5 things to know about new Knicks assistant coach Rick Brunson

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Free agency is right around the corner, but the New York Knicks decided to make a splash last week. SNY’s Ian Begley reported that New York and Rick Brunson were close to finalizing a contract to make him the organization’s newest assistant coach. Brunson will fill the spot of Kenny Payne, who’s now the head coach at Louisville.

In case you’re new here, you might be wondering why an assistant coach hire has caused such an uproar. Well, Rick’s the father of Jalen Brunson, a point guard that the Knicks have been linked to in numerous rumors. Jalen will be an unrestricted free agent if he and the Dallas Mavericks don’t agree to an extension.

Does the hiring of Rick mean that Jalen’s a lock to sign with the Knicks? No, but it means something at the very least. How often is it that a target’s father joins the team’s coaching staff? Don’t read too much into it, but it should raise some eyebrows.

Because fans are most likely far more familiar with Jalen than they are with Rick, let’s delve into some information about the new assistant coach.

Who is New York Knicks’ new assistant coach Rick Brunson?

5: Most recently served as a high school coach

Rick has a background as an assistant coach in the NBA, but he’s making his way to New York via Camden High School in New Jersey. Camden is exactly 100 miles from the city.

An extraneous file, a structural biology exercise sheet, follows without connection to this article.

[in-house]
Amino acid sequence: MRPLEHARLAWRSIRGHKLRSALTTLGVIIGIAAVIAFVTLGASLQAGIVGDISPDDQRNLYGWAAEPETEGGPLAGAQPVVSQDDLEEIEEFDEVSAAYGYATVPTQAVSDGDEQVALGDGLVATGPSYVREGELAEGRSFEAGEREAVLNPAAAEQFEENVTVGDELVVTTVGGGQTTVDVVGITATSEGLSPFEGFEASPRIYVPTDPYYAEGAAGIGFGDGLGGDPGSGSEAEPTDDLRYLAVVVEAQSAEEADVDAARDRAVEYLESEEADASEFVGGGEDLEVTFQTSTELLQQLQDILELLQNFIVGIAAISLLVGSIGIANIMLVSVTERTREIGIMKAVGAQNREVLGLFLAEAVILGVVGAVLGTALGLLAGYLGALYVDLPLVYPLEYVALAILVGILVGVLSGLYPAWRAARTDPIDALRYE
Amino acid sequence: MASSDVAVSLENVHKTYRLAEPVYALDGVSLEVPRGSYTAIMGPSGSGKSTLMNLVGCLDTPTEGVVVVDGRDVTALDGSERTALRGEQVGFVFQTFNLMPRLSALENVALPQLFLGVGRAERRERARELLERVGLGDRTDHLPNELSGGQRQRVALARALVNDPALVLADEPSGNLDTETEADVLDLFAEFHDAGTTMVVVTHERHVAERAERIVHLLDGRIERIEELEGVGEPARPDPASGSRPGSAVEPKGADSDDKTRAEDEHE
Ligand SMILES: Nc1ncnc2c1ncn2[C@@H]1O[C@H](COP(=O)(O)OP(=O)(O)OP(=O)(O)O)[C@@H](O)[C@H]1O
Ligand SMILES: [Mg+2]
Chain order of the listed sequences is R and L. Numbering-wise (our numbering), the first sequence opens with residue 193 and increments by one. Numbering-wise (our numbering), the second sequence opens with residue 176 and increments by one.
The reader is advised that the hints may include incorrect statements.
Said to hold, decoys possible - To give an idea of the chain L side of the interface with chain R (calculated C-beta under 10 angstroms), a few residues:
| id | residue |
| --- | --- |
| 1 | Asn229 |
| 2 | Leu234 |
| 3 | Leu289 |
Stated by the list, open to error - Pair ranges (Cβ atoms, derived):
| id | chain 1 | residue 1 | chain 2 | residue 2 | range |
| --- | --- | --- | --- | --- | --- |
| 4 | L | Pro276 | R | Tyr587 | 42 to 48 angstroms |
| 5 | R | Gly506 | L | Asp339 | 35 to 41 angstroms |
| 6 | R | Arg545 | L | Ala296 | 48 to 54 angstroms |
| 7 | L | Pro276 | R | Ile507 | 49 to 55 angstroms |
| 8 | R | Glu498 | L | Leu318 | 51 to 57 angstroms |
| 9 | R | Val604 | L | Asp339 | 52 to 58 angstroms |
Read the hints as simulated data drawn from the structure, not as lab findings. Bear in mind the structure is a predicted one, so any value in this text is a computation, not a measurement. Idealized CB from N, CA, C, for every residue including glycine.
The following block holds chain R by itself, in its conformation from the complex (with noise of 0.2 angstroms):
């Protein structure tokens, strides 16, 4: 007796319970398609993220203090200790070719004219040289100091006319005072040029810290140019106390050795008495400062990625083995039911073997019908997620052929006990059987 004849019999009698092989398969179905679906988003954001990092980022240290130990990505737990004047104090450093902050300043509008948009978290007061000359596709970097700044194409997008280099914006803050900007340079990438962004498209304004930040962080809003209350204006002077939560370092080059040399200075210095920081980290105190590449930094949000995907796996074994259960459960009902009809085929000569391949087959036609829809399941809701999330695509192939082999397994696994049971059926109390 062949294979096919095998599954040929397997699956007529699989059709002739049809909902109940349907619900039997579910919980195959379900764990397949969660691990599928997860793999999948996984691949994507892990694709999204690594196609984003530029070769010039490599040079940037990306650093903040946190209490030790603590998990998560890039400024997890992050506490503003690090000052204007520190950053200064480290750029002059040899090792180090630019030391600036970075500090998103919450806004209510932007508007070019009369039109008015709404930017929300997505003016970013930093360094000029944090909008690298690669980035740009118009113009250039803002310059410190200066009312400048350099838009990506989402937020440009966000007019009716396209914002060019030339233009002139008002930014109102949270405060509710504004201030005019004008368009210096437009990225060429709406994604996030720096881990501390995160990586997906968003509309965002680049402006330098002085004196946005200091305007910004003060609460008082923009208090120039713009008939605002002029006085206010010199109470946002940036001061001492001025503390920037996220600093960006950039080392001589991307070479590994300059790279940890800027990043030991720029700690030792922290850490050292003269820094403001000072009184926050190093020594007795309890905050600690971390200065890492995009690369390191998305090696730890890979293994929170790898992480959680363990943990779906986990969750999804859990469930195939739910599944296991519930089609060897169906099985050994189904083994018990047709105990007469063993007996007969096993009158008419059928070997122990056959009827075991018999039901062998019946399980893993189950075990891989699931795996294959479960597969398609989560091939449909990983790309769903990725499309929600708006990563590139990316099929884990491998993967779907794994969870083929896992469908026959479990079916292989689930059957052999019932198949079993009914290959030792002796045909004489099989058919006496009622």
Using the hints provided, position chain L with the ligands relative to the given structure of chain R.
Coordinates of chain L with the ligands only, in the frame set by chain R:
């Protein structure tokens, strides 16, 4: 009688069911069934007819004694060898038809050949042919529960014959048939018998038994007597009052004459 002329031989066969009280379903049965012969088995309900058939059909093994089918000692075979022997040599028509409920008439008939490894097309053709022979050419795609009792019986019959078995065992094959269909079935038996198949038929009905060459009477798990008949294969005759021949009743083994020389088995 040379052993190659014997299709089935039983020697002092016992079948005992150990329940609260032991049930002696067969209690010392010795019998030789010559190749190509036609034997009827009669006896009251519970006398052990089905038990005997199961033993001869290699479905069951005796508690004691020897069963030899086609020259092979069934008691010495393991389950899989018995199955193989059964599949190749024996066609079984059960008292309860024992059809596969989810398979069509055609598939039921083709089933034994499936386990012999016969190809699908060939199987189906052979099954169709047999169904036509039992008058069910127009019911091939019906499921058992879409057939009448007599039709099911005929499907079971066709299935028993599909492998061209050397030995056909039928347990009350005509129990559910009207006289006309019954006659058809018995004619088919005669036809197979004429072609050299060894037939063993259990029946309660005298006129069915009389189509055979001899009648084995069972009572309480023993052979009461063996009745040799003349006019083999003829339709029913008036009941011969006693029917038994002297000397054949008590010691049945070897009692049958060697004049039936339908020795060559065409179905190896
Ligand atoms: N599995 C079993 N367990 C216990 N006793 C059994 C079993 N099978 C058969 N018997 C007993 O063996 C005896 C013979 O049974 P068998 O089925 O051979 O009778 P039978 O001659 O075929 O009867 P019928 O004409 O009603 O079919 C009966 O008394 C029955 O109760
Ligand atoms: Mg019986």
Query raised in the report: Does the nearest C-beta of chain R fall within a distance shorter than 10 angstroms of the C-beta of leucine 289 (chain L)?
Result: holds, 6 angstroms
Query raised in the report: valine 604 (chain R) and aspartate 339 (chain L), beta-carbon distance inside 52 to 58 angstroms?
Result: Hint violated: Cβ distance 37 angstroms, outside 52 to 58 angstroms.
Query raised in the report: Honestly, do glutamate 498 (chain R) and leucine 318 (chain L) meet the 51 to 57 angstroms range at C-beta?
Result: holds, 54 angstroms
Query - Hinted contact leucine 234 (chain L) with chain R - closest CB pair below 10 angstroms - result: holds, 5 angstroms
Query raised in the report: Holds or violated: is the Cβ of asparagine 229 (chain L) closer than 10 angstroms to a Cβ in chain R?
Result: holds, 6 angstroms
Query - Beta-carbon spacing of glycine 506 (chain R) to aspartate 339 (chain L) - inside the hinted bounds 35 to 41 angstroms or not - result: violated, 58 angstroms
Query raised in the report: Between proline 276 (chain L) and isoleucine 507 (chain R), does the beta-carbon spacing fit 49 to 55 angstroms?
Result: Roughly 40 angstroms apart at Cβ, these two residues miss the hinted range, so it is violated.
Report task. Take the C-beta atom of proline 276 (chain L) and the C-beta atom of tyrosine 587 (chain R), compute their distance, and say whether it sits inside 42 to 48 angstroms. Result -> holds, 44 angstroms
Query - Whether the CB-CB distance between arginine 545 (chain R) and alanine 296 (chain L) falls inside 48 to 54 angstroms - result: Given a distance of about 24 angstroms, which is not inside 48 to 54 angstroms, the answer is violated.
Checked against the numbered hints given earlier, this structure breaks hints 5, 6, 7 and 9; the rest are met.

He coached at Camden for three seasons and navigated the Panthers to a 73-4 record during that span. This past season, Rick led Camden to a state title, the school’s first in 22 years.

In response to Rick leaving his role as head coach of the Panthers, Brian Gregg, the school’s junior varsity coach said (per TAPinto Camden):

“I think in his time here, Rick laid a great foundation,” said Gregg. “He brought such a high level of discipline and expectations to the program.” Gregg said Brunson also “ shielded the kids from some of that outside nonsense” that came along with the team’s growing reputation as a national powerhouse.

The NBA is obviously a completely different beast than high school basketball, but for a team like the Knicks, they’d like to see a growth similar to what the Panthers have experienced.

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